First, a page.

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The US and Thailand will conduct high level talks on Tuesday and Wednesday (Bangkok Time) this week with the aim to strengthen defense and security partnerships in a foreign affairs about-face that has some analysts questioning the motive.
Assistant Secretary of State for East Asian and Pacific Affairs Daniel Kritenbrink and Assistant Secretary of Defense Ely Ratner will lead the U.S. delegation while Permanent Secretary of the Ministry of Foreign Affairs Thani Thongphakdi and Permanent Secretary of the Ministry of Defense General Warakiat Rattananont will lead the Thai delegation.
The first joint U.S.-Thailand Strategic and Defense Dialogue will address, according to the US State Department, post-COVID-19 economic recovery and prosperity, health and law enforcement cooperation and matters of security and defense.
Prime Minister Prayut Chan-ocha is scheduled to be in Washington when President Biden hosts ASEAN leaders on May 12 and 13.
“Faced with regional and global challenges, the United States and Thailand will reaffirm our long-standing treaty alliance and partnership…,” the US State Department said in a press release.
Prayut’s decision to strengthen defense ties to the United States is the culmination of months of diplomatic overtures conducted both in Washington and through the embassy in Bangkok to woo the Prayut administration away from Beijing’s growing orbit.
When Prayut seized power in a coup in 2014, the United States decoupled from Thailand while the junta remained in power forcing the military government to find allies in Moscow and Beijing.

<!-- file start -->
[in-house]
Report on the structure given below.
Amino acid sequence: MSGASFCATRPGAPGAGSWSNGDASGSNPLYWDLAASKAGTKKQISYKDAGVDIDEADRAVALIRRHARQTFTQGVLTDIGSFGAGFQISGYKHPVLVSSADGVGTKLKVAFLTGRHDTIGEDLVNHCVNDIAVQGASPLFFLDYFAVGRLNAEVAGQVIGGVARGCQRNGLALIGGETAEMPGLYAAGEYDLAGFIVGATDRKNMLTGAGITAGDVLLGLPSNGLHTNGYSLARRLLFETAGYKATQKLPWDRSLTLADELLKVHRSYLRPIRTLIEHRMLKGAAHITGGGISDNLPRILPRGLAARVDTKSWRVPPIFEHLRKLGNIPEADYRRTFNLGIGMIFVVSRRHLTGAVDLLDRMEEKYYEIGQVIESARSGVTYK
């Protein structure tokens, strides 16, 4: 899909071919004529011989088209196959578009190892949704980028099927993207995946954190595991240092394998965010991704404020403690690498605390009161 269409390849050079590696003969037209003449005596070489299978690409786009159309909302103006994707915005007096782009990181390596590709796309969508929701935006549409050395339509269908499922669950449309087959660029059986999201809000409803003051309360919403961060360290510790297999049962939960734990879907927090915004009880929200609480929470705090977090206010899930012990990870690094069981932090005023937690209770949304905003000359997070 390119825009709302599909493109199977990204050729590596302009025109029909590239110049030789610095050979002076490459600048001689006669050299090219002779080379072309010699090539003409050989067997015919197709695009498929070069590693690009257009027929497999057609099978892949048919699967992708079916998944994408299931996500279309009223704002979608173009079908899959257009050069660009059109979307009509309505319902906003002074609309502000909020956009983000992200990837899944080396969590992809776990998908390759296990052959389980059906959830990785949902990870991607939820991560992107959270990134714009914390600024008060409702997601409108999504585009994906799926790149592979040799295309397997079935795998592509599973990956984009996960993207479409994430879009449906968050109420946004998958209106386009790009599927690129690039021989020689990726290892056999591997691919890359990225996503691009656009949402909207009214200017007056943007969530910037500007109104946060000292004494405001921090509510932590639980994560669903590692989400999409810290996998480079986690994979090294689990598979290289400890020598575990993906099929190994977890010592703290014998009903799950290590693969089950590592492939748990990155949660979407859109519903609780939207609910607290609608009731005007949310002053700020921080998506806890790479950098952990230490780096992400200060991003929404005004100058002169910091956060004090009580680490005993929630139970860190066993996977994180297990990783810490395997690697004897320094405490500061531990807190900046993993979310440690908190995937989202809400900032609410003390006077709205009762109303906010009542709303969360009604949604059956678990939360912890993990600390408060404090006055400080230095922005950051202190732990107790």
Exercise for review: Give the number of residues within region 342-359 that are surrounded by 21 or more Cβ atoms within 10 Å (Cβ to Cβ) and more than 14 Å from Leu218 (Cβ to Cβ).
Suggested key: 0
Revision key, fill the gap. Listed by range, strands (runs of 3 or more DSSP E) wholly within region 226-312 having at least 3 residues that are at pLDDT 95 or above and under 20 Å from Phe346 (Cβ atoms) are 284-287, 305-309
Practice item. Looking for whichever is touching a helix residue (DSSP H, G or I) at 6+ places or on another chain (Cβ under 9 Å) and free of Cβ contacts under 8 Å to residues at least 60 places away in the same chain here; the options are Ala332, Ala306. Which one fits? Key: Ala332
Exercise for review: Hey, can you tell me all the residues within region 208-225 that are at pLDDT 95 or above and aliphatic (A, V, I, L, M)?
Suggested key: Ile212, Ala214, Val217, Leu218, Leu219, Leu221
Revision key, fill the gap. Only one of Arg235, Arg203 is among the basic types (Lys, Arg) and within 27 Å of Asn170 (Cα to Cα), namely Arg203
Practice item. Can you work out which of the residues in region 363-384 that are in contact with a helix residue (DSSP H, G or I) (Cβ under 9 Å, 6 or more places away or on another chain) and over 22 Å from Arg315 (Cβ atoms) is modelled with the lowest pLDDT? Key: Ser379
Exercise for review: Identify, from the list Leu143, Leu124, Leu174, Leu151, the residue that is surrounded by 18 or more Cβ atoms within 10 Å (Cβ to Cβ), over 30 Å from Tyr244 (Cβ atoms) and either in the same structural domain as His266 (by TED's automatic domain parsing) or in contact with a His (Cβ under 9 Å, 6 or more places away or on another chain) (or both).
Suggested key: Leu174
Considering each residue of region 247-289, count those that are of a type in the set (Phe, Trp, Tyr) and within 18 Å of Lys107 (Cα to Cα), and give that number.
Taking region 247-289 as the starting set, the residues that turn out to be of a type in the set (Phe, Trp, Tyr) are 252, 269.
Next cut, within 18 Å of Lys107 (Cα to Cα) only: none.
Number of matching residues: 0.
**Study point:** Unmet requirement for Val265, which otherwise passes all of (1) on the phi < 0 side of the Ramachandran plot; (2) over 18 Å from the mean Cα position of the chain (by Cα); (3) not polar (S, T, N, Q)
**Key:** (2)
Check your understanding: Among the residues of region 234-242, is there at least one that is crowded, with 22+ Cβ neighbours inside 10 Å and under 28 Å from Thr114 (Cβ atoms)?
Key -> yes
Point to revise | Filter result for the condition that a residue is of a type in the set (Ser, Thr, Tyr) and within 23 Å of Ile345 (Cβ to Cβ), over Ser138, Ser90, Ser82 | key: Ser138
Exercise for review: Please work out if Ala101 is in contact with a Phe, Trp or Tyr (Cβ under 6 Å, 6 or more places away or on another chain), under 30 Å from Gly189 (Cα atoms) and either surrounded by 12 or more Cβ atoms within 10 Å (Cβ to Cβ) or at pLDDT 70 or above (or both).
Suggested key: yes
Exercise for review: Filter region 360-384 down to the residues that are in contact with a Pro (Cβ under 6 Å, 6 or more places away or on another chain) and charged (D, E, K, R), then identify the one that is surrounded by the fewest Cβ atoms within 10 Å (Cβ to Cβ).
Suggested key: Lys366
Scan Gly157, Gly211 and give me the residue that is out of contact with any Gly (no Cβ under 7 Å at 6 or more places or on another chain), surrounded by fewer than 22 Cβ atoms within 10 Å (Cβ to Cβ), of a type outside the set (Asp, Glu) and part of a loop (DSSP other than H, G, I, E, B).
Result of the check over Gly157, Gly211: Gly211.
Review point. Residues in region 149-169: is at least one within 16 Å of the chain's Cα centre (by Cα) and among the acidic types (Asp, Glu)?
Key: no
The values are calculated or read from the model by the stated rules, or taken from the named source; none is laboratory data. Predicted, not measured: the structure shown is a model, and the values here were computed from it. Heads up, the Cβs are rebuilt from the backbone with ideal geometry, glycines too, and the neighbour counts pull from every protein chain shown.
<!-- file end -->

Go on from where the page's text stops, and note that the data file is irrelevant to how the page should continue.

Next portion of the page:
Arms deals, including purchase of armored vehicles and two submarines, went the way of China while trade and energy deals brought Thailand closer to the Putin government. Since the government held an election (albeit a flawed one) in 2019, US diplomats have increasingly made their presence felt and Prayut’s attendance at the summit in Washington will be seen as a mini triumph for the US State Department.
However, according to sources within the cabinet, the about face by the prime minister has not been universally well received in his cabinet. Most notably Deputy Prime Minister Prawit Wongsuwan, who has close ties to Beijing and the CCP, has made his displeasure known among defense circles.
Prawit, who was partially responsible for a multi-billion baht submarine deal, continues to push for closer ties with Beijing as a counterweight to Washington’s hegemony in the region.
With political instability growing inside the cabinet and parliamentary dissolution possible before the end of the year, Prayut’s ailing support within Thailand could be one of the reasons he has reached out to the United States which has provided support and aid to strongmen in Thailand before in the face of growing communist expansion (most notably during the Vietnam war).
It remains to be seen whether that support can translate to electoral cache when Prayut’s brand has been so damaged by a lackluster covid response and an ailing economy.